He is said to have controlled 5% of the world copper market, but failed in an attempt to corner the market. In 1996, Sumitomo Corp. disclosed $2.6 billion loss on copper trades. The range of his activities and the time period in which they occurred (a full decade ending with a 1996 conviction and eight-year prison sentence) have raised questions about whether he was a rogue trader or simply a member of a price-fixing conspiracy. His conviction centered on his having forged his supervisor's signature in a letter, but the extent to which he went rogue is still in question. Liu Qibing - $200 Million - $1 Billion (unconfirmed) An even more mysterious 2005 copper caper occurred when Liu Qibing, a man who may or may not have been a metals trader for the Chinese government, took a huge bet (around 200,000 tons) that copper prices were going to fall. However, copper prices rose substantially over the life of the trade as global demand for copper increased, which led to massive losses on the trade. As the paper trail led back to the Chinese State Reserve Bureau, other traders realized China would have to fill the amount shorted. This drove copper prices up. The Chinese government tried to depress prices by claiming copper reserves five-times larger than previously estimated and, in a bizarre twist, denied that a Liu Qibing had even existed to place a short. The extent of the losses are up for debate, as are the current whereabouts of the ephemeral Liu Qibing. Brian Hunter and Amaranth - $6.5 Billion Hedge fund traders get an easy ride when it comes to rogue trading because they are expected to take big risks, but Brian Hunter of Amaranth should be considered a textbook case. His gambles in natural gas futures were initially successful, particularly so when Hurricane Katrina wreaked havoc on the infrastructure and pushed prices up while Hunter happened to hold a long position. The huge profits attracted more and more investors to Amaranth, providing Hunter with more capital to gamble with.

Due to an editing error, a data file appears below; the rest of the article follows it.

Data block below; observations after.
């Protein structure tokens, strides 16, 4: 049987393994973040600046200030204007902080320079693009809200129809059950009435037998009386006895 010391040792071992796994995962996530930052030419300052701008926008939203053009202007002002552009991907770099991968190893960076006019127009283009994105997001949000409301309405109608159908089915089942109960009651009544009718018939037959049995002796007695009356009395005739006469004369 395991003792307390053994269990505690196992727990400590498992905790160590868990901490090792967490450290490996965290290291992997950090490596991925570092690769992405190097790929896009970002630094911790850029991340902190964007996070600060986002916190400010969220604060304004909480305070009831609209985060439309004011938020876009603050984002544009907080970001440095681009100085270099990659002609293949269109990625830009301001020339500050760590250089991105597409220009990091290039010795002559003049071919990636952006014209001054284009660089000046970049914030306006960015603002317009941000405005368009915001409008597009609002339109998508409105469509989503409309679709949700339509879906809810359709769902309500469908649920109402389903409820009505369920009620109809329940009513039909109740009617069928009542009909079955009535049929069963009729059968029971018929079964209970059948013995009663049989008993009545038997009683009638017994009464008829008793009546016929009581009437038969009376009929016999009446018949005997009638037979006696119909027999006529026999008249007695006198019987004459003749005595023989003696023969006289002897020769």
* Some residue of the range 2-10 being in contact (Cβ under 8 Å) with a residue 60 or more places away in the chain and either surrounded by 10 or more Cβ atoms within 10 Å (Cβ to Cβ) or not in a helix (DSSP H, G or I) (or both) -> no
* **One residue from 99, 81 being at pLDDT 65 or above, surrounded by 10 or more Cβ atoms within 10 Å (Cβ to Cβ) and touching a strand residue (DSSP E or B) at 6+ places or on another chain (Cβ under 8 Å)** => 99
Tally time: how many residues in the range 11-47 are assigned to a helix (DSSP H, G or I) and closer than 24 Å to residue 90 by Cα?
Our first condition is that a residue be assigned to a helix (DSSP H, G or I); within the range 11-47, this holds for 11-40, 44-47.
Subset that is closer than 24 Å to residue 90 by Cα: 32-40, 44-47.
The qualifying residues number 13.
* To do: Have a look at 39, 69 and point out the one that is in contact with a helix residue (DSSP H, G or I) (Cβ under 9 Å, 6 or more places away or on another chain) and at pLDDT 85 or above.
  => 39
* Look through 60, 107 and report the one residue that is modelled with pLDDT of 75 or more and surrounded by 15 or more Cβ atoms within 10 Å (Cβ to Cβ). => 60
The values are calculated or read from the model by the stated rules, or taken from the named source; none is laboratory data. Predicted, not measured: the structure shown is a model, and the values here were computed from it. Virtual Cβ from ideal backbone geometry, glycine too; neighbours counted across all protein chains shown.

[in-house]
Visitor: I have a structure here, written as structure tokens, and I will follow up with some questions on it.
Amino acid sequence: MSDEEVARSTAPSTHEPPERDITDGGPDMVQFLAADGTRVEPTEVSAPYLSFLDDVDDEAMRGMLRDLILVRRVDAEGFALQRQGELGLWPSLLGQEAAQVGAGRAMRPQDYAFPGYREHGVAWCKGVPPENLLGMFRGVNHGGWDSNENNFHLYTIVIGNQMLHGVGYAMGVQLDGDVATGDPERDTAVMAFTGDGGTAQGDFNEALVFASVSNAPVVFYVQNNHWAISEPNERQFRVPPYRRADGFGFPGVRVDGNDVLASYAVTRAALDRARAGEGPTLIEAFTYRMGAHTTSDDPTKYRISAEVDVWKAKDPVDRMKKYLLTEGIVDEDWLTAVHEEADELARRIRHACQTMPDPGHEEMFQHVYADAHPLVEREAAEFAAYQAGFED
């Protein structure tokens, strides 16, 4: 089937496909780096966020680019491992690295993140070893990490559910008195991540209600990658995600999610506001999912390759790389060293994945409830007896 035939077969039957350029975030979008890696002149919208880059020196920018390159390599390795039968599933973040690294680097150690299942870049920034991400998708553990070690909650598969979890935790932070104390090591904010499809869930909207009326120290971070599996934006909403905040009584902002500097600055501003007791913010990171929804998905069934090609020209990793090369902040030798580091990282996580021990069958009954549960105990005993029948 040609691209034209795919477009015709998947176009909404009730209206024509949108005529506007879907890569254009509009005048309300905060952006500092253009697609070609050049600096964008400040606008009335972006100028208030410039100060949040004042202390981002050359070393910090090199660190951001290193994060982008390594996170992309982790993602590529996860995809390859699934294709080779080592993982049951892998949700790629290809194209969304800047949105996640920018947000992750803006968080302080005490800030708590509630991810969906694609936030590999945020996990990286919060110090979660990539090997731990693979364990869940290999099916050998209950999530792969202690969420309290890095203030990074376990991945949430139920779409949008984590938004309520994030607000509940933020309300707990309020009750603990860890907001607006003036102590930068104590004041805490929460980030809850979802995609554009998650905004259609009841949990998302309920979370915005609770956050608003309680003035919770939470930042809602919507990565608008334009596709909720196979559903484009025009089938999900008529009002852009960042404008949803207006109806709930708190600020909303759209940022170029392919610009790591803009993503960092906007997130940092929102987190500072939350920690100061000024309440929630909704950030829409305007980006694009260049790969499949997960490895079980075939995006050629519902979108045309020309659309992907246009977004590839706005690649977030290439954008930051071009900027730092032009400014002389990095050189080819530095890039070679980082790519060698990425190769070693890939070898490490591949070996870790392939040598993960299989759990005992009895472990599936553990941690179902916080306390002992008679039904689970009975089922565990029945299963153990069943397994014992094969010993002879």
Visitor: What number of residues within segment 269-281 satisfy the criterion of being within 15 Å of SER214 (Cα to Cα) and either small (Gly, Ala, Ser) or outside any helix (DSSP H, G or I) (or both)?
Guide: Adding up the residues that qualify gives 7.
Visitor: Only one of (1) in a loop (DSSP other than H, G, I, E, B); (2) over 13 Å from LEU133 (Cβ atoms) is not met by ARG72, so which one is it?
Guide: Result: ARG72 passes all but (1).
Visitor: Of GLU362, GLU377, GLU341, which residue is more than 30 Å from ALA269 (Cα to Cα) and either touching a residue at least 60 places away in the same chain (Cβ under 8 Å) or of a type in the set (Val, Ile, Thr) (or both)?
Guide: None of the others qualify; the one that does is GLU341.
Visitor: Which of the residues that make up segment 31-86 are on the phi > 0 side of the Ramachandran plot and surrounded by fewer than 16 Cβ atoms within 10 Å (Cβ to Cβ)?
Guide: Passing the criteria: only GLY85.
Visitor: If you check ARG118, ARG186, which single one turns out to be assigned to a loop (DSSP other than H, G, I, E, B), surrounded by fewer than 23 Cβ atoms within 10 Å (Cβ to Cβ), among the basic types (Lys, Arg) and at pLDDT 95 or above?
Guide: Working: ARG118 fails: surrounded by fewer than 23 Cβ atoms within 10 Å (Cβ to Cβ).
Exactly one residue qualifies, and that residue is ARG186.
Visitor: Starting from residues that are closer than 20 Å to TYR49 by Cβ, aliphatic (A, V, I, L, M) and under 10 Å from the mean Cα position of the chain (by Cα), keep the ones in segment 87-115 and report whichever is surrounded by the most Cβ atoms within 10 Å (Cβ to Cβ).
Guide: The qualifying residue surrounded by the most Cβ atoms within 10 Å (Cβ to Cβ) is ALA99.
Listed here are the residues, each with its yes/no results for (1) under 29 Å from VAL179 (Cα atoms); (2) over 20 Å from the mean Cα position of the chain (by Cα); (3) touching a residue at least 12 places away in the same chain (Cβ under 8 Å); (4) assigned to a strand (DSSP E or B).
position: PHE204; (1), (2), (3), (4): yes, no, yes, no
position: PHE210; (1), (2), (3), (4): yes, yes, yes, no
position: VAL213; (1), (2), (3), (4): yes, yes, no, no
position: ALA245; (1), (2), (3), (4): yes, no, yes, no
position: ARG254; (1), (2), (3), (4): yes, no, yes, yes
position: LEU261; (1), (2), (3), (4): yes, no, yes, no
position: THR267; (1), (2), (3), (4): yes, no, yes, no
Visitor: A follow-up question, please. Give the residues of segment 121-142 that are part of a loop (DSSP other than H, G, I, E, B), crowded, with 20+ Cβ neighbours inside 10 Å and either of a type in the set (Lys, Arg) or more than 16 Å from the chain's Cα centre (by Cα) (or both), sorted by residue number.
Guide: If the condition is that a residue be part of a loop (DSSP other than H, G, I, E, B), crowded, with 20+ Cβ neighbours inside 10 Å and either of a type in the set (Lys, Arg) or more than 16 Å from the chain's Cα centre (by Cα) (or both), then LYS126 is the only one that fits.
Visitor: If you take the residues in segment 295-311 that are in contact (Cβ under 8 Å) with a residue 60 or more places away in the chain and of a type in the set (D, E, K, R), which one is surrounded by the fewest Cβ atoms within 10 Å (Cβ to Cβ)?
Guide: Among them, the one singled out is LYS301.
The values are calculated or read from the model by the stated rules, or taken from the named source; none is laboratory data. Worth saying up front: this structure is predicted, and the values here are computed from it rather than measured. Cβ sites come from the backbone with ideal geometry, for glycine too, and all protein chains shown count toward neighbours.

Sadly, Hunter's ability to predict the weather turned out to be no more consistent than the TV forecasters' and the natural gas futures turned on him. In one day, on September 14, 2006, Hunter and his colleagues lost $560 million alone. In total, he ended up losing around $6.5 billion, which led to closure of Amaranth. (For more on this, read Losing The Amaranth Gamble .) Jerome Kerviel - $7.1 Billion Surpassing even Hunter's losses, Jerome Kerviel has set the bar improbably high for future rogue traders. His losses from speculation in European futures cost his employer, Societe Generale, more than $7 billion. As with Leeson and Rusnak, Kerviel was able to manipulate the system using knowledge he gained while working in the office that monitored traders prior to being promoted to a trading position. He made no personal profit from his rogue trading. The 2007 mortgage meltdown probably hastened his fall from grace, but the highly leveraged and unapproved trades were bound to have disastrous consequences. Conclusion This is a far from complete list.